HELENA — Republican state lawmakers who track education policy said Monday they have many questions about Democratic Gov. Steve Bullock's plan for state-funded preschool — including whether it's the best use of state education dollars.
"We have schools that can't recruit teachers because their salaries aren't high enough," said Sen. Llew Jones, R-Conrad. "If we're going to sign up for a new program with the potential for growth … are we making the wisest investment that's to be made today?"
A leading Democratic lawmaker on education issues also said that while he supports the governor's plan, it won't be a "slam dunk" to get it through the Legislature, which is currently controlled by Republicans.
"I think the price tag is modest, but the state isn't all that flush," said Sen. Tom Facey, D-Missoula. "We're going to have to make some hard choices."
Bullock unveiled more details Monday on his $37 million, two-year proposal to finance voluntary preschool programs through block grants to public school districts.
The districts can set up their own half-day programs for 4-year-olds or partner with private organizations that already have preschool programs.
The plan will be one of Bullock's top priorities for the 2015 Legislature, which convenes next January. The November election may change the makeup of the next Legislature, but Republicans still are favored to control one or both legislative houses.
Bullock visited a preschool in Billings on Monday to unveil the proposal and plans also to visit programs in Missoula, Great Falls, Helena and Bozeman this week to talk about his preschool plan.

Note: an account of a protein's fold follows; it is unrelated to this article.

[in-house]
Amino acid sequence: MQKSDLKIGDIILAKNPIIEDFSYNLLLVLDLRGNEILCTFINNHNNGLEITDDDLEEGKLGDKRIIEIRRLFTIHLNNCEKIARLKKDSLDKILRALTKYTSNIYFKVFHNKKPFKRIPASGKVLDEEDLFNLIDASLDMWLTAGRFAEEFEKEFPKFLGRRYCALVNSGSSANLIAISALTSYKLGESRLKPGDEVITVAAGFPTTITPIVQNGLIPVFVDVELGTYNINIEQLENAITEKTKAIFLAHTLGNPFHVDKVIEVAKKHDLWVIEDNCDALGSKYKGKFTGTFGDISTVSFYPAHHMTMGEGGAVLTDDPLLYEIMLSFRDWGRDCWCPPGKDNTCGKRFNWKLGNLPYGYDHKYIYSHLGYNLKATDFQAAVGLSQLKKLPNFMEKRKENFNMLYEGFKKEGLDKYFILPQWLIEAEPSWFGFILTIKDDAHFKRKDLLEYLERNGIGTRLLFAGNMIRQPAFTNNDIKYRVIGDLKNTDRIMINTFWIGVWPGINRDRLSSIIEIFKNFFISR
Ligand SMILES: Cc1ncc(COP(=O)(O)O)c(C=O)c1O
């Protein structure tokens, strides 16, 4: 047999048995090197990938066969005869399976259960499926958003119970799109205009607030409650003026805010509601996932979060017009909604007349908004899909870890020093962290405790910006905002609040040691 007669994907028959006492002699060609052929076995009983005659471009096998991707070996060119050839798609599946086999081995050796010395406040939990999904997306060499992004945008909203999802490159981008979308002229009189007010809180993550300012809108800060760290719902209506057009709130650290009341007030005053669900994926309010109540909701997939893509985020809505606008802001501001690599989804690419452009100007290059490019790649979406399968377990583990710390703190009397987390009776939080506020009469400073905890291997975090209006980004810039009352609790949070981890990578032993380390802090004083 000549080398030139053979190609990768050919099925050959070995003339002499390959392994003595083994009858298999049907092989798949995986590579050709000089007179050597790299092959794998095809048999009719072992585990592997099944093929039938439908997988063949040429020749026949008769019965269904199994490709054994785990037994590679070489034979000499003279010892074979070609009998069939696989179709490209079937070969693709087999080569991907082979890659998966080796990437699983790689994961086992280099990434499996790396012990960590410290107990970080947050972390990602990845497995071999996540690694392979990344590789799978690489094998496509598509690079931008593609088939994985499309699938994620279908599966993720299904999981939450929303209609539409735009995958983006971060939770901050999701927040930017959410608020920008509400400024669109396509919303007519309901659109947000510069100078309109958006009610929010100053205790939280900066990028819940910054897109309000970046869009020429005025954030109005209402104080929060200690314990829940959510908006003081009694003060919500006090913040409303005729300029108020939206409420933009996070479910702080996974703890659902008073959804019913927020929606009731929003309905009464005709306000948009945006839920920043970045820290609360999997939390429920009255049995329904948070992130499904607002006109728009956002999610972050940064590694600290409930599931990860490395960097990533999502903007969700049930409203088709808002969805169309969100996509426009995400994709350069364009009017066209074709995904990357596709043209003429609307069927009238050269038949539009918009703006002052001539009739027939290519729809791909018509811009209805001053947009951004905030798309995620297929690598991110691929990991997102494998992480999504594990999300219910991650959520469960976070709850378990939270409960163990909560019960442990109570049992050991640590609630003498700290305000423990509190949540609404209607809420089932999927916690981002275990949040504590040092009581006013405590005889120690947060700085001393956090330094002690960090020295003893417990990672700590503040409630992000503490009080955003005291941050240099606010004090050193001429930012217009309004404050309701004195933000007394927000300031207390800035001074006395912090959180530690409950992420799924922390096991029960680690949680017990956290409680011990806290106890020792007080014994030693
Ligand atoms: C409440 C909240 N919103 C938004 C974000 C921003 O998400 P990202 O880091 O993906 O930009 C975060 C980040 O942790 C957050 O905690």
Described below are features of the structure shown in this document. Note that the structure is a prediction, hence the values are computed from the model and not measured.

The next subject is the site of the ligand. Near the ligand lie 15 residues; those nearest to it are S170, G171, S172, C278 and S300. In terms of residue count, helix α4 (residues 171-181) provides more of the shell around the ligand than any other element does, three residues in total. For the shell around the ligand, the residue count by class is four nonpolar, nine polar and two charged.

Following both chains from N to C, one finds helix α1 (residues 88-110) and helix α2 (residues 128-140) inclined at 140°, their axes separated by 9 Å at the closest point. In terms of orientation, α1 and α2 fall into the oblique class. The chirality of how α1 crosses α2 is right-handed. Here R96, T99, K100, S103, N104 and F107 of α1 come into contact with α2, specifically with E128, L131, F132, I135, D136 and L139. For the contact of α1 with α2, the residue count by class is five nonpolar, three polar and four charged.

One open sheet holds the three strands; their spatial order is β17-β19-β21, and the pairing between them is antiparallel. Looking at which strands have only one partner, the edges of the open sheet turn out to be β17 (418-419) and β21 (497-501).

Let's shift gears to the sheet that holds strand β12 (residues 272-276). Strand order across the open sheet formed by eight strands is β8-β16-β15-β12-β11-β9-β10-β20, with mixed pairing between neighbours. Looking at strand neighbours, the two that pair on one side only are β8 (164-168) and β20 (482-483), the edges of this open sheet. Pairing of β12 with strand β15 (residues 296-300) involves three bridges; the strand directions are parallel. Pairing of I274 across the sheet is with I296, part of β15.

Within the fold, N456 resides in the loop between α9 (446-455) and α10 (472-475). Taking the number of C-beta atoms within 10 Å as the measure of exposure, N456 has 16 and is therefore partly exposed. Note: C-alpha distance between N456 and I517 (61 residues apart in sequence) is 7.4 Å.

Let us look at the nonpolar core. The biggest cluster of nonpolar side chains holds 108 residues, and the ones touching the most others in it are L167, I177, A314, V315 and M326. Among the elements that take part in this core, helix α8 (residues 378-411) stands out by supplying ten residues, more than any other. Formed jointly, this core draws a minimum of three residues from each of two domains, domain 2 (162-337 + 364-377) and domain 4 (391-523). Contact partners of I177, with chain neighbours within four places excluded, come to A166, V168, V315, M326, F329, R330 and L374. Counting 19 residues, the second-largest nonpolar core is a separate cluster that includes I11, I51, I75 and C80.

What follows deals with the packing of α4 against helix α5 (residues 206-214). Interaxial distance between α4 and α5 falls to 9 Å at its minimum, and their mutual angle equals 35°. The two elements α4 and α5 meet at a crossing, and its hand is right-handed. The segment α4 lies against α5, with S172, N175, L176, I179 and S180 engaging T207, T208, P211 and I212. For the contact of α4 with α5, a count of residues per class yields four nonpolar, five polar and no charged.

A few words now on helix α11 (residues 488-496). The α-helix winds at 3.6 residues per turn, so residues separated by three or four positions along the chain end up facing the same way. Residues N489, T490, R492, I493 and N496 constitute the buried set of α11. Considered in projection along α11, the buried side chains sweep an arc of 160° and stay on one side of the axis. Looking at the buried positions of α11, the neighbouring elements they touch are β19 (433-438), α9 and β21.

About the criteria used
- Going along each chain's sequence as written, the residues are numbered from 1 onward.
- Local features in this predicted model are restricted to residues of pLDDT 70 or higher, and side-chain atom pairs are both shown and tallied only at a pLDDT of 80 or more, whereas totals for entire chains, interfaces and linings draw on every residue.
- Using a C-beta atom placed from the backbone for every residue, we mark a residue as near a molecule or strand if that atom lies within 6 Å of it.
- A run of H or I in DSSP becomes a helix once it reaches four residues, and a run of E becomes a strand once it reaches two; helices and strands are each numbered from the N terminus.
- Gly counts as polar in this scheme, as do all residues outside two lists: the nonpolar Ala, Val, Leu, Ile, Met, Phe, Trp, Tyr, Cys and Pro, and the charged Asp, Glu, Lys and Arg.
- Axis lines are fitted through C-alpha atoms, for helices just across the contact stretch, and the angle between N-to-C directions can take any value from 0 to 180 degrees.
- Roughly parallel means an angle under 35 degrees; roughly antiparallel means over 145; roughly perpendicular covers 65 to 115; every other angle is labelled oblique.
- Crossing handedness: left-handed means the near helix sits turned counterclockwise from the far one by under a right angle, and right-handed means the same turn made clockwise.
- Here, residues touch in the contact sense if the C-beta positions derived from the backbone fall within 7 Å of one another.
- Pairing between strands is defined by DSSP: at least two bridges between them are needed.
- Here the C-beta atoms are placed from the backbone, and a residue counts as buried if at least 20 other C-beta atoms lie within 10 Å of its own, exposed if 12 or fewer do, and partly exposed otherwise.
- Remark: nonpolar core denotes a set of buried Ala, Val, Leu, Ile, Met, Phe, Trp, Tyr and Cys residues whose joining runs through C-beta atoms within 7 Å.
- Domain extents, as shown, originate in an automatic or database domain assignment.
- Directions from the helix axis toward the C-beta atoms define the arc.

Facey, a retired high school teacher, said research has shown that spending on early childhood education is a good investment for the state. It will pay off with a better-educated population, lower rates of incarceration and other benefits, he said.
He also said he likes the fact that Bullock's plan allows for voluntary participation and partnerships with existing preschool programs.
However, Sen. Jones, who sponsored a major public school-funding bill that passed last year, and Rep. Don Jones, R-Billings, questioned why the state should finance preschool for all kids, when such program have been shown to be most effective for "at-risk" children.
"Why aren't we targeting it at the kids who actually need it?" asked Rep. Jones, who is vice-chair of the Legislature's Education and Local Government Interim Committee.
Sen. Jones and Rep. Jones also said preschool teaching standards being established by the Board of Public Education could prohibit many established private preschool teachers from participating in state-funded programs.
"So, what are we going to say to these folks?" Sen. Jones asked. "`You're doing a very good job, but we don't want you anymore?'
"We need to see the specifics of this program. When we're all said and done, what will be different? If we have to choose to give something up to do this, what are you willing to give up? … I truly wish the details of this program had come forward sooner."